While in India, I gazed into the eyes of the last remaining Asian lions; they’re being driven to extinction by cattle ranching. I also saw hideous poverty, especially in the cities, and even in the countryside I saw rivers that bubbled with poisonous effluent. The twin realities of environmental degradation and human suffering run rampant in both the west and the east, and their religions don’t seem to care or help.
I had gone to India dismayed at the western religions for treating earth and life as a mere stage set for a divine test. Nor did our religions object much to napalming the Vietnamese for vague reasons. The gift, grandeur, and beauty of life get reduced to the realm of dominion in the west and to mere maya in the east.
I also ran in Shree Bhagwan Rajneesh in India. (I’ve told you how sick I was and how riled up I got towards him; though this was an actual encounter, I have since come to admire his bold teachings.) He sat in white robes sporting a big Rolex on his wrist and big diamonds on his hands and went on about how we are not the body and this world is not real – that it is all only illusion, Maya. Meanwhile, near there a thousand souls lived in the urban squalor of tin and cardboard huts with no toilets. They suffered like I was suffering. It seemed dismissive and offensive to blithely brush off the hard reality of this world while sitting in opulence and adoration. I wanted to punch him just to see if he would identify with his detached soul or incarnated body.
Though I reacted to the notion of Maya, I grant some psychological wisdom in the understanding. This milder form of Maya is seen in the Buddhist teaching: One can fear a coiled snake only to discover it is only a coiled rope. We take our ideas as so real, when they’re often just coiled rope. We get so overwhelmed by our ideas sometimes. But at the end of our life, in those instants when we see all our life flash before us, which ideas then matter? Does our fear of coiled snakes run our lives when there is so much else to see in the room, in our lives?
The coiled snakes of desire or aversion, of obsession and compulsion, of thinking we know our selves when we don’t – can run our entire lives and ruin this lovely world. In my life, the angels of synchronicity and the inner call to overcome the snake-delusions of church and market have me seeing the mere rope that all their lies (and mine) have been. Religious teachings, marketing claims, lifestyle lures, political promises, our own habitual thoughts – all these can be the maya that captivates and misdirects our soul.
“What profit it if one gains the entire world and loses one’s soul?” This is not so much get to heaven by believing in the far-fetched notions of zealots (early and current) so much as whether we learn to be our soul while we are alive. “Break the chains of ignorance while you are alive,” Hafiz (or Kabir) advised, “Do you think ghosts will do it for you when you are dead?” Realization will never be found in the future; it will only come, if ever, in the Now. Worrying about a future afterlife distances us from the eternity we can access by our silent, complete immersion in our everpresent Now. When we are in our presence, in our now, we are touching an eternity that is always new. Practice that.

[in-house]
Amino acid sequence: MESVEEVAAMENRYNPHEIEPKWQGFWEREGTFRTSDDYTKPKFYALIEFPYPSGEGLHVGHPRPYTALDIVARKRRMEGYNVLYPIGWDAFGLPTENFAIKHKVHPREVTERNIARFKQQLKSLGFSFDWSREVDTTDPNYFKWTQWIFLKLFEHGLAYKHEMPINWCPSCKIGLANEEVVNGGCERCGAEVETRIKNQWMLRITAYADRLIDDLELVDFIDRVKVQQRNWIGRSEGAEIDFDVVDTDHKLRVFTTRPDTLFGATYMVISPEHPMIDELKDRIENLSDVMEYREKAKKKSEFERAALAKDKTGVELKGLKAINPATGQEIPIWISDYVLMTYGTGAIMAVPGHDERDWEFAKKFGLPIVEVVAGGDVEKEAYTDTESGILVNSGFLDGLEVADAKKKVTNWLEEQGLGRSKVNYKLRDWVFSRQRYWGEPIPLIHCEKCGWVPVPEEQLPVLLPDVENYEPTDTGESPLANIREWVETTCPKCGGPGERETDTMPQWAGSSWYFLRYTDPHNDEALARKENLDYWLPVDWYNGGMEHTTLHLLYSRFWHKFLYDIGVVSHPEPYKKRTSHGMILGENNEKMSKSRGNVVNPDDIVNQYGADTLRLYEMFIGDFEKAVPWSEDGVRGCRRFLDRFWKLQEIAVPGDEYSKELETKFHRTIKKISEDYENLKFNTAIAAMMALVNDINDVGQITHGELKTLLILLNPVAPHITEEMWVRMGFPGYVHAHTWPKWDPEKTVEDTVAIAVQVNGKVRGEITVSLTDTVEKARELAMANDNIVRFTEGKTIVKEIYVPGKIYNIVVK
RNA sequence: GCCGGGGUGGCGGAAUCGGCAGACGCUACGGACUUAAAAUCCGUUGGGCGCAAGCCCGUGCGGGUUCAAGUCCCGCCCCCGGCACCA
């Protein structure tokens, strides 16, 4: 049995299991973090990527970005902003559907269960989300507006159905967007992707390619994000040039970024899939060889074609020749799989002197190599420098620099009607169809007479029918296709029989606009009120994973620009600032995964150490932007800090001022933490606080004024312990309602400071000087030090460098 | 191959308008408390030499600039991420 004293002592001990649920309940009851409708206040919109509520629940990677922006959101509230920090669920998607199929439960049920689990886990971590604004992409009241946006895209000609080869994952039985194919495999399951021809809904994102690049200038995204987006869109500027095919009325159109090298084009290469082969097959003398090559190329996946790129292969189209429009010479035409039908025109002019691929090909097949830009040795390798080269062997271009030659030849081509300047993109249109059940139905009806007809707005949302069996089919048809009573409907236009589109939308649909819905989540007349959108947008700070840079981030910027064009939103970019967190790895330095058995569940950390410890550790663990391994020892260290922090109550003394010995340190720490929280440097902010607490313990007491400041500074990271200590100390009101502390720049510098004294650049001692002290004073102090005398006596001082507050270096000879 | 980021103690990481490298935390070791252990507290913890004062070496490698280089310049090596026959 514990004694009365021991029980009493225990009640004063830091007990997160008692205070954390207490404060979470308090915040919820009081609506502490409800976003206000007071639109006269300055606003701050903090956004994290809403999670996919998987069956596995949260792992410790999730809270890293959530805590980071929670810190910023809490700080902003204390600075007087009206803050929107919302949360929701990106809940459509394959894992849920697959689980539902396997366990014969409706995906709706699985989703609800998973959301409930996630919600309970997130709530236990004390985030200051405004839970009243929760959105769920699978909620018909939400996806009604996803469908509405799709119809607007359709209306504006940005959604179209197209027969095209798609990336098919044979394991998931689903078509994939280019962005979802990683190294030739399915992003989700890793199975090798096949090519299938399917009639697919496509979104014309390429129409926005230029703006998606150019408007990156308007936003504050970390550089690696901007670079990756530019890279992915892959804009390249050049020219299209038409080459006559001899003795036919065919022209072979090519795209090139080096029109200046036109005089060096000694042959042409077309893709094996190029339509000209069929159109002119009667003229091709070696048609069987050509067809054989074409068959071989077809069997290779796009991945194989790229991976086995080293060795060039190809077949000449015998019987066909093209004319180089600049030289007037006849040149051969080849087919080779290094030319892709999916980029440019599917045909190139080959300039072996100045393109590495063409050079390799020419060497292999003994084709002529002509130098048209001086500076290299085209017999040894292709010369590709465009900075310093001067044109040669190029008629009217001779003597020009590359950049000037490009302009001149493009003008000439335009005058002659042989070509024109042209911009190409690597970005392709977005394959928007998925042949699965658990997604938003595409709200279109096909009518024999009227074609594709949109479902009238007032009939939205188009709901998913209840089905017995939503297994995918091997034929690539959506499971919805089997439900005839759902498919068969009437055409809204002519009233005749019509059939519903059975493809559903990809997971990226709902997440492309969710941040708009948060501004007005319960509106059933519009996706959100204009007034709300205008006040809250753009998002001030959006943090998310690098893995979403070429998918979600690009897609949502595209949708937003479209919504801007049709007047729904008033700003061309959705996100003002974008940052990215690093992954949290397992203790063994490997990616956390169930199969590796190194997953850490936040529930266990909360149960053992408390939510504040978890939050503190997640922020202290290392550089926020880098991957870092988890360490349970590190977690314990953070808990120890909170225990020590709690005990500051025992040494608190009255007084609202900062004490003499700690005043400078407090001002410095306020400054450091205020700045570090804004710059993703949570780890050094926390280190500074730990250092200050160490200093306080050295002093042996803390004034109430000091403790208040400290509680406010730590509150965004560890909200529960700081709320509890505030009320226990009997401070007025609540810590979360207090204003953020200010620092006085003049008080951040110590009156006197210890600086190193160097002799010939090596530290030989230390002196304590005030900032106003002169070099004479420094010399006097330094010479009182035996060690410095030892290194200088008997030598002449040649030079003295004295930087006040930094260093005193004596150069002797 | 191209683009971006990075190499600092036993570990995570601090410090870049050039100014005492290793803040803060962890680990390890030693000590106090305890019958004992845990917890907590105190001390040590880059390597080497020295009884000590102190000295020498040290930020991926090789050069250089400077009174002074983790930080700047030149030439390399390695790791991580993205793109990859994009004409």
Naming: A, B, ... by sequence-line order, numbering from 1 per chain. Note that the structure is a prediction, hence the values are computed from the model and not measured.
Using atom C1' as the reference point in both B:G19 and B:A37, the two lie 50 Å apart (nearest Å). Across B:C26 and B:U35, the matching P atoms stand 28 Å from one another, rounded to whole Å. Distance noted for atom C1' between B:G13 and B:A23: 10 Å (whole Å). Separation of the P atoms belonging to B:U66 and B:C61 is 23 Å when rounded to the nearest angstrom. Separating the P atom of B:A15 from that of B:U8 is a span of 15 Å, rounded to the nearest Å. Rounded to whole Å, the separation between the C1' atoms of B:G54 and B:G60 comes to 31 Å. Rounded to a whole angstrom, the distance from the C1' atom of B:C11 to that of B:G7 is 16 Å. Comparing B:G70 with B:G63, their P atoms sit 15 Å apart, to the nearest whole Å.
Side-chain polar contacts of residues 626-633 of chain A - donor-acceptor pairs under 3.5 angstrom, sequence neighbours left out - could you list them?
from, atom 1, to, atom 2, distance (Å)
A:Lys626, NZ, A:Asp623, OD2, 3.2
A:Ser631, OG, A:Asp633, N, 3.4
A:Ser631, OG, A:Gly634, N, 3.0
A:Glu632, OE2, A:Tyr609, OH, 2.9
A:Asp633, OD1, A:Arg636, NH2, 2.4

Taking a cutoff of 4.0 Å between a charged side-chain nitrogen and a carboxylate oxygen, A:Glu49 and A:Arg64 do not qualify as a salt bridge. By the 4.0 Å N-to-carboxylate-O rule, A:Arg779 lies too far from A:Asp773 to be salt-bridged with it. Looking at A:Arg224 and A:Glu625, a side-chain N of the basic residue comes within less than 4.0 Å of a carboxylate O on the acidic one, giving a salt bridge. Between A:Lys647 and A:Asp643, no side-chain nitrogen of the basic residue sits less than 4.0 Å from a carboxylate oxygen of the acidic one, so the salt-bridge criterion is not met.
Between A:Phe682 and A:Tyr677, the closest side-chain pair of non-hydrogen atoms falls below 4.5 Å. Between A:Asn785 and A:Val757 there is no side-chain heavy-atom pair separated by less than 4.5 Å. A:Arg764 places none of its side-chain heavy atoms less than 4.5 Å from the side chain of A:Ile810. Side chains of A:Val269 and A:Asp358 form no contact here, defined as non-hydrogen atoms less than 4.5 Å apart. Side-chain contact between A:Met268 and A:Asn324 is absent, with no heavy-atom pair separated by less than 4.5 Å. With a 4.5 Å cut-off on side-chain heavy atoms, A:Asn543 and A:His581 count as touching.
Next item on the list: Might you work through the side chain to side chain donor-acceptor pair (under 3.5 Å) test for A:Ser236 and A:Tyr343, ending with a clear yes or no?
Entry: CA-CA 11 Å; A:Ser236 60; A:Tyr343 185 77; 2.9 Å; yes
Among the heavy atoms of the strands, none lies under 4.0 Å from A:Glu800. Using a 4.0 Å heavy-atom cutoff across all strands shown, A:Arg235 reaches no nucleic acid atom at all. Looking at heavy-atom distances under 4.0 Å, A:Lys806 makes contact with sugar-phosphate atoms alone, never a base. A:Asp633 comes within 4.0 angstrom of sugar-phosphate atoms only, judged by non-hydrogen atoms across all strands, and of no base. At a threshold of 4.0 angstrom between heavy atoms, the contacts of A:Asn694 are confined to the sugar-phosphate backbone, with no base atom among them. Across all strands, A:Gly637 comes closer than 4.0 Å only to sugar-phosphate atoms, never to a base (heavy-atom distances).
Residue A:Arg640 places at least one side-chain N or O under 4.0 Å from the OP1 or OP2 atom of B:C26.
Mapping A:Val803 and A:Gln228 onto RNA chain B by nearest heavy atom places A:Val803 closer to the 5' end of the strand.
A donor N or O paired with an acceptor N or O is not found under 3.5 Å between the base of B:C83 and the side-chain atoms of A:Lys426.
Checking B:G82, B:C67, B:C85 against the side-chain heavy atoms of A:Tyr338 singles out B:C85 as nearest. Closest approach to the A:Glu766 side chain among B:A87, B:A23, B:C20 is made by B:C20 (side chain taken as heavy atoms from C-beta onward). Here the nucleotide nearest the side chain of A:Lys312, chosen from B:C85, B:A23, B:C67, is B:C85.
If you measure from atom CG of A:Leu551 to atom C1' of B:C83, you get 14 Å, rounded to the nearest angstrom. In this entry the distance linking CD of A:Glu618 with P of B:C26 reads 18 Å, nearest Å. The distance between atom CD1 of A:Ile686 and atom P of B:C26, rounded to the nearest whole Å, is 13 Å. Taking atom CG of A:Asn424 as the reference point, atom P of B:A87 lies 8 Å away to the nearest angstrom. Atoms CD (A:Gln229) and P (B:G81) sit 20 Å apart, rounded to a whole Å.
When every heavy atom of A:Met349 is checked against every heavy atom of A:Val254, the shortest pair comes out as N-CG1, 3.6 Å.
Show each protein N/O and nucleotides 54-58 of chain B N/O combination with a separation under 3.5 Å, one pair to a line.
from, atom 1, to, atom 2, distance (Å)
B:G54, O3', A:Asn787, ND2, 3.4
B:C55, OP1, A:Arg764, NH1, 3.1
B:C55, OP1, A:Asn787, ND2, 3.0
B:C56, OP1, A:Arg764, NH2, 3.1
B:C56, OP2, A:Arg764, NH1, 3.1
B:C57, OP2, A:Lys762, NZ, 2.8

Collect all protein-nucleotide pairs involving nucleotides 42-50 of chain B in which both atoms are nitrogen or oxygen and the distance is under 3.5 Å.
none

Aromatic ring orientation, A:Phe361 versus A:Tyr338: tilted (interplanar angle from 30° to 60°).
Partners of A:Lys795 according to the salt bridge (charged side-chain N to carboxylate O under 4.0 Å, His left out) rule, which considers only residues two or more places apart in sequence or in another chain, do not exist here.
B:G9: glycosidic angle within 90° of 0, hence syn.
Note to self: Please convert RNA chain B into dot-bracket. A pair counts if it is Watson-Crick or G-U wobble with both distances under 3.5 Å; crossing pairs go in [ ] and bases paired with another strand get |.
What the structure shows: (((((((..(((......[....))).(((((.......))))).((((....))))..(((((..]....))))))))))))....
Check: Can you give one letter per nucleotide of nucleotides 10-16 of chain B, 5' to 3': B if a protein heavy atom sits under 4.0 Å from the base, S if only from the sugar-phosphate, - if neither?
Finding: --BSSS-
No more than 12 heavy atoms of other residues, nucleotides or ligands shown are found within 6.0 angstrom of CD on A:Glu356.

In this vein, I would take the combined wisdom of Meher Baba, the Blind Saint, Emerson, Krishnamurti, Deepac Chopra, Eckhart Tolle, Gay Hendricks, and me to suggest this:
Have gratitude for what is, but learn to be detached enough from it to allow fuller understandings and more creative options to emerge. Question what others teach and you think you know. Heed and honor the feelings of your decisions.
Develop and deliver the fruits of your own nature to the world; be a co-creator along with creation as best as only you know. Have intensions for the future, but put your attention in your now. Go lightly and easily. Have faith that a life well lived is not only its own reward, it is rewarded, for both are karma.
This, at least, we have: We have this world this side of any other. We have life this side of death. We have our selves this side of conformity. We have love this side of fear. We have the Now this side of time. We have, as Emerson reminded us, the religious this side of the religious ideas. Do we live freely and fully in what we have?
Not only do I find it hard to believe that this astonishing vast universe, made up of everything from sub-atomic quanta coming into and out of existence on the micro level to the swirl of galaxy clusters on the macro, with us knowing it in the middle, is nothing but an elaborate illusion, I find it insulting and irresponsible. Why pine for afterlives and other realms when we haven’t known, honored, and served this one? Why seek the Creator by wasting Creation?
Perhaps there is a meeting on a middle ground. There is no false dichotomy. We can love this world as part of a larger reality. Our earth is just a mere speck seen from the vast reaches of the larger universe, but it is our speck, our large, lovely home, spinning reliably for us to live on, and learn from, and love.
The rainbow was to be the mark of the covenant, a sign of our constant relation to something beyond us. And as rainbows split the singular white light we usually see into the seven lovely colors of a much wider electro-magnetic spectrum, just so, our place in space and time leads us to far vaster realities. Our reality is the doorway to Reality. Who and how we are here determines not only what is likely to befall us here, it is our relation to the beyond.
Reverend Brad Carrier
For the Unitarian Universalists of Grants Pass
Grants Pass, Oregon
© March 2, 2008